Big Agnes Tiger Wall UL2

A carryover from last year, Big Agnes’ Tiger Wall UL2 continues to be our go-to ultralight tent. Weighing just 2.5 lbs., the Tiger Wall ensures a quick and easy setup with a single, hubbed DAC Featherlite pole system and Dirt Dagger UL stakes. The seam-taped fly and tent floor keep the keep the rain and moisture on the outside, while keeping the interior nice and dry. Our favorite feature is the built-in gear bin that’s perfect for stashing gear and clothing, and providing a less-cluttered living space. Three additional interior pockets help keep essentials accessible. Also available in 1P and 3P models. $450

Exped Ultra 3R Sleeping Mat

For our sleeping comfort this year, we packed along Exped’s all-new Ultra 3R Sleeping Mat. The Ultra 3R features the new Synmat Technology, which welds a layer of insulation to the interior surfaces of the mat, ensuring comfort and warmth, while cradling the body from head to toe. The Ultra 3R has a 2.9 R-Value rating, making it ideal for 3-season use, and comes with a Schnozzle Pumpbag for easy inflation. Best of all, the recycled polyester surface material isn’t noisy! Packed up, the Ultra 3R is about the size of a 1-liter bottle, and weighs just 16 ounces (size medium). Available in four sizes, S–LW; $150  

Klymit Horizon Backpacking Blanket

Whether for sitting around the campfire, or opting to ditch your sleeping bag on warmer summer nights, Klymit’s Horizon Backpacking Blanket is a solid choice that won’t break the bank. The Horizon Blanket utilizes a moisture-resistant 20D polyester shell filled with synthetic Primaloft Silver Insulation. This helps it dry quickly after damp or sweaty nights outdoors. For packing up, it crams into its own compression sack. You can even wash (delicate) and dry it at home so it’s fresh for each trip. $110  

Sea to Summit Spark UL Sleeping Bag

Even at high elevations, we never got the chills in Seat to Summit’s Spark UL 28F Sleeping Bag. This was pretty amazing for such a ridiculously lightweight (17 ounces!) and compressible sleeping bag, that still gives you room to manuever. Under the 10D nylon shell, the Spark boasts an 850-fill Ultra-Dry Down insulation for keeping comfortable down to freezing temps. This is aided by its baffle-backed half-zip and an easy to manage hood cinch system. For putting away, it packs up nice and tight in the included Ultra-Sil compression sack. For more sleeping freedom, try the Ember UL 35F Quilt. $369–$389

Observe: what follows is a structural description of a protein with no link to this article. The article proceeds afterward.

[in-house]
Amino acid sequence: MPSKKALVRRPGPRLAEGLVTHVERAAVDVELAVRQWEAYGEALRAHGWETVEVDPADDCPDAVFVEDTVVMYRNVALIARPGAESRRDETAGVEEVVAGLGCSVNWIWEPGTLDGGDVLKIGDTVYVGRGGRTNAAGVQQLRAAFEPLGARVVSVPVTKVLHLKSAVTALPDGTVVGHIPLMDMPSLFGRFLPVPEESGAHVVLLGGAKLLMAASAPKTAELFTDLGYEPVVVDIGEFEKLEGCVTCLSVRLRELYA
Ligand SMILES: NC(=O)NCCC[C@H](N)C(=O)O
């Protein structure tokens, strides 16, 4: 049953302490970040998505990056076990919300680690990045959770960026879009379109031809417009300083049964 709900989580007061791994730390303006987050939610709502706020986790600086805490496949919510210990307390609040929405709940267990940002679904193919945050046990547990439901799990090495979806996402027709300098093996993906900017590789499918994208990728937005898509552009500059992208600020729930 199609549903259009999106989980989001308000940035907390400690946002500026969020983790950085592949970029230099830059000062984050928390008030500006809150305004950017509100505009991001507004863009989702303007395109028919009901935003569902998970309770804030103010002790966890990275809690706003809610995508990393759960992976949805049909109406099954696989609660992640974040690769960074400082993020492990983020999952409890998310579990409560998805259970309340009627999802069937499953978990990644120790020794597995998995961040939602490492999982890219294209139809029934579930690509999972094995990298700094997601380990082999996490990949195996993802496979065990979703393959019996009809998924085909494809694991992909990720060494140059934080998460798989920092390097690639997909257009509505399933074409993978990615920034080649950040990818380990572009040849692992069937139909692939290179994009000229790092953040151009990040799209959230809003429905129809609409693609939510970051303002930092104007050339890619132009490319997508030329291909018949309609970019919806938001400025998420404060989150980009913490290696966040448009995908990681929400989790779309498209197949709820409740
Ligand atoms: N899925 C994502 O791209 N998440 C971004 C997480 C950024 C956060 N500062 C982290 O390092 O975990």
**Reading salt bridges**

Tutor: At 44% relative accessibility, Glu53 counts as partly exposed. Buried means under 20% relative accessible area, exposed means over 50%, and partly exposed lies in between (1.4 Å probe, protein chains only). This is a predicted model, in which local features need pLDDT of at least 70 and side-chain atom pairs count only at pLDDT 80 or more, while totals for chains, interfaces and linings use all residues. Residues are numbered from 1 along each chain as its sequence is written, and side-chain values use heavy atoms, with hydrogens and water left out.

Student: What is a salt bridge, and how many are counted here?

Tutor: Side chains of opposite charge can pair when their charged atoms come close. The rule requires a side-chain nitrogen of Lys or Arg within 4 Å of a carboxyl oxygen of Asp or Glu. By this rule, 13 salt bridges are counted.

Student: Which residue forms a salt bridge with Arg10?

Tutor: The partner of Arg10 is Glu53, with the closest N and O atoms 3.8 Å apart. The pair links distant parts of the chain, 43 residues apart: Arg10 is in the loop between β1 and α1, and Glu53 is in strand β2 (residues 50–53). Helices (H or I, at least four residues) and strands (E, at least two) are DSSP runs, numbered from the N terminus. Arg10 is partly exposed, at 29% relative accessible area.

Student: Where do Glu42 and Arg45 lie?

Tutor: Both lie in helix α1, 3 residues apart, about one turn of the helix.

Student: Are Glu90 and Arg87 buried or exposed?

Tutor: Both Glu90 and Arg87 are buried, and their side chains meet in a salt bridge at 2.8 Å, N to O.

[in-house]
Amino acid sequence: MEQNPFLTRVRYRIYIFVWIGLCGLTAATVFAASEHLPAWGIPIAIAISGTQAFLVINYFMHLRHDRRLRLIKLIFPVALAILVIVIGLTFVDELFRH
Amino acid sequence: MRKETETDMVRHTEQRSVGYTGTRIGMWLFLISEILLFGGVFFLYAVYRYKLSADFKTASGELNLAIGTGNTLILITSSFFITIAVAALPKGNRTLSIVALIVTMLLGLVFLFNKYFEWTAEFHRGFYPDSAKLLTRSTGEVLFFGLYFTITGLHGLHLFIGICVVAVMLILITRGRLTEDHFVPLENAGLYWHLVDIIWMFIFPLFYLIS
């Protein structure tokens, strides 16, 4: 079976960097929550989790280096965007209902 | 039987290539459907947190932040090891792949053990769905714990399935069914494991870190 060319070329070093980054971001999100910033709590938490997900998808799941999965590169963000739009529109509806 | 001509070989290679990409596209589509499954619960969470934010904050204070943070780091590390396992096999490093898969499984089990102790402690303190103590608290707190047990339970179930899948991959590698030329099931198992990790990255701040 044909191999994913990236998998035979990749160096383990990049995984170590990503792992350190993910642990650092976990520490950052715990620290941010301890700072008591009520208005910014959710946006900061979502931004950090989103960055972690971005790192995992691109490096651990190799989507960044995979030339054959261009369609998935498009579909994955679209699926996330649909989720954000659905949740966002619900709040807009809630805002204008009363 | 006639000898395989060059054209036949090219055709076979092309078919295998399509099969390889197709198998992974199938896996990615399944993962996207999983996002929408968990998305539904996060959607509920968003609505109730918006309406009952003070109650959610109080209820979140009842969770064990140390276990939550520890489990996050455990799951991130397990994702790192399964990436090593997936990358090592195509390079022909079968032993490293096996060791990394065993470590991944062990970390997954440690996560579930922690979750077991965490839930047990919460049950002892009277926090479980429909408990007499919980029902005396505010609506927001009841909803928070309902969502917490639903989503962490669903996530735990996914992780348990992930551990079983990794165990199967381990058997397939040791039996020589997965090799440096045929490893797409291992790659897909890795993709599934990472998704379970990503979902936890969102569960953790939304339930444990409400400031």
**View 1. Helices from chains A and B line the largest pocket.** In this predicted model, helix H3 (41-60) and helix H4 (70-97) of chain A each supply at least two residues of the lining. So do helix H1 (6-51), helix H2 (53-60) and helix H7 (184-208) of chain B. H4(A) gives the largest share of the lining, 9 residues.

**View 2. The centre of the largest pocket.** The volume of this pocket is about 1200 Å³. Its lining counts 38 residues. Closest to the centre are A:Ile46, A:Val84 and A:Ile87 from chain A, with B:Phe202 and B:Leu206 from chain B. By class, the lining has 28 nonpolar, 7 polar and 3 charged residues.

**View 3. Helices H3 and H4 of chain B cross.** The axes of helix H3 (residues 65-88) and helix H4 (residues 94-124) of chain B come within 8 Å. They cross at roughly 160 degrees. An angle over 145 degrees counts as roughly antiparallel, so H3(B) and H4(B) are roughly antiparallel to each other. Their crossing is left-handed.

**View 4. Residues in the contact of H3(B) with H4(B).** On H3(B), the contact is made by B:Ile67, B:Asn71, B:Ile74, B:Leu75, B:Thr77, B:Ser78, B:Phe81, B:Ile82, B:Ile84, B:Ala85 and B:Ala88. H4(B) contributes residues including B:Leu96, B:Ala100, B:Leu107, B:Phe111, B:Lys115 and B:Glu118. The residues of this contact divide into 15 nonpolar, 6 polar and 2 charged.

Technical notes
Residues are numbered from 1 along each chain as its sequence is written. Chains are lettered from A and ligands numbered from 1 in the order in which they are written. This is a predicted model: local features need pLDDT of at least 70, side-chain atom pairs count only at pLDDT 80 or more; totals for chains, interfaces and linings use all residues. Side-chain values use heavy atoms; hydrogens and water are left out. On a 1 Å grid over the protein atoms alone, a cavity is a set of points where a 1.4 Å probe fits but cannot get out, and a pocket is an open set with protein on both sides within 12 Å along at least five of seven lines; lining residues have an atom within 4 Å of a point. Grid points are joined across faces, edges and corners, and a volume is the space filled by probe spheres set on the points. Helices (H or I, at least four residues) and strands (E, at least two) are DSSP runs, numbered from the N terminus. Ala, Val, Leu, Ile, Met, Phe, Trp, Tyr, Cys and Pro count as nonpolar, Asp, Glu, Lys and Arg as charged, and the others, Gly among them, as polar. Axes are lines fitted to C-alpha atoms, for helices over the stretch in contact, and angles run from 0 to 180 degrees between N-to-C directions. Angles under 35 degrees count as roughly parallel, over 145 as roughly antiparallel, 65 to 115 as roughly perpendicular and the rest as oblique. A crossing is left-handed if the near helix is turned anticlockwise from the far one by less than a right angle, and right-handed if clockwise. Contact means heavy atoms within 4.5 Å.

Therm-a-Rest Air Head Down Pillow

Good sleep on the trail is essential for long-distance endurance. That’s why we never hike without a good pillow in our sleep kit. It’s way more comfortable than a wadded up jacket—and totally worth the extra few ounces in the pack. The Therm-a-Rest Air Head Down Pillow packs up to about the size of a softball, and weighs just 5 ounces (regular size). Just inflate it to your desired firmness and rest your head on a warm, insulated pillow for a good night’s sleep anywhere you go. After your trip, the down slipcase is removable for washing. $60

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Silipint Cups & Bowls

For many of our car camping outings this year, we got a lot of use out of these handy, silicone containers from Bend-based Silipint. Made to be reusable and unbreakable, Silipint Cups and Bowls are BPA-free, and can take some abuse, while maintaining their shape and integrity. We liked the bowl with lid set for packing along food and snack items, and the original pint glass for enjoying our favorite camp beverages. Silipint cups and bowls so versatile, they can even be frozen, microwaved and baked, and are dishwasher safe. Just don’t put them on your campfire! Available as single items, or in sets. $5–$60

Sea to Summit Camp Kitchen Toolkit

If you’re like us, quick-boiled, freeze-dried meals don’t always cut it. We like to eat good in camp, so are willing to pack along a little extra for some quality crafted meals to enjoy while watching our backcountry sunsets. Sea to Summit’s 10-Piece Camp Kitchen Toolkit is just right for this. It comes with a spoon, spatula, several bottles for our favorite condiments, and all the cleanup equipment we need for after dinner—all in a compact, 11-ounce folding package. Our favorite item is the little tiny cleaning brush with integrated soap bottle holder! It’s great for car camping, too! $40

Opinel Picnic+ Set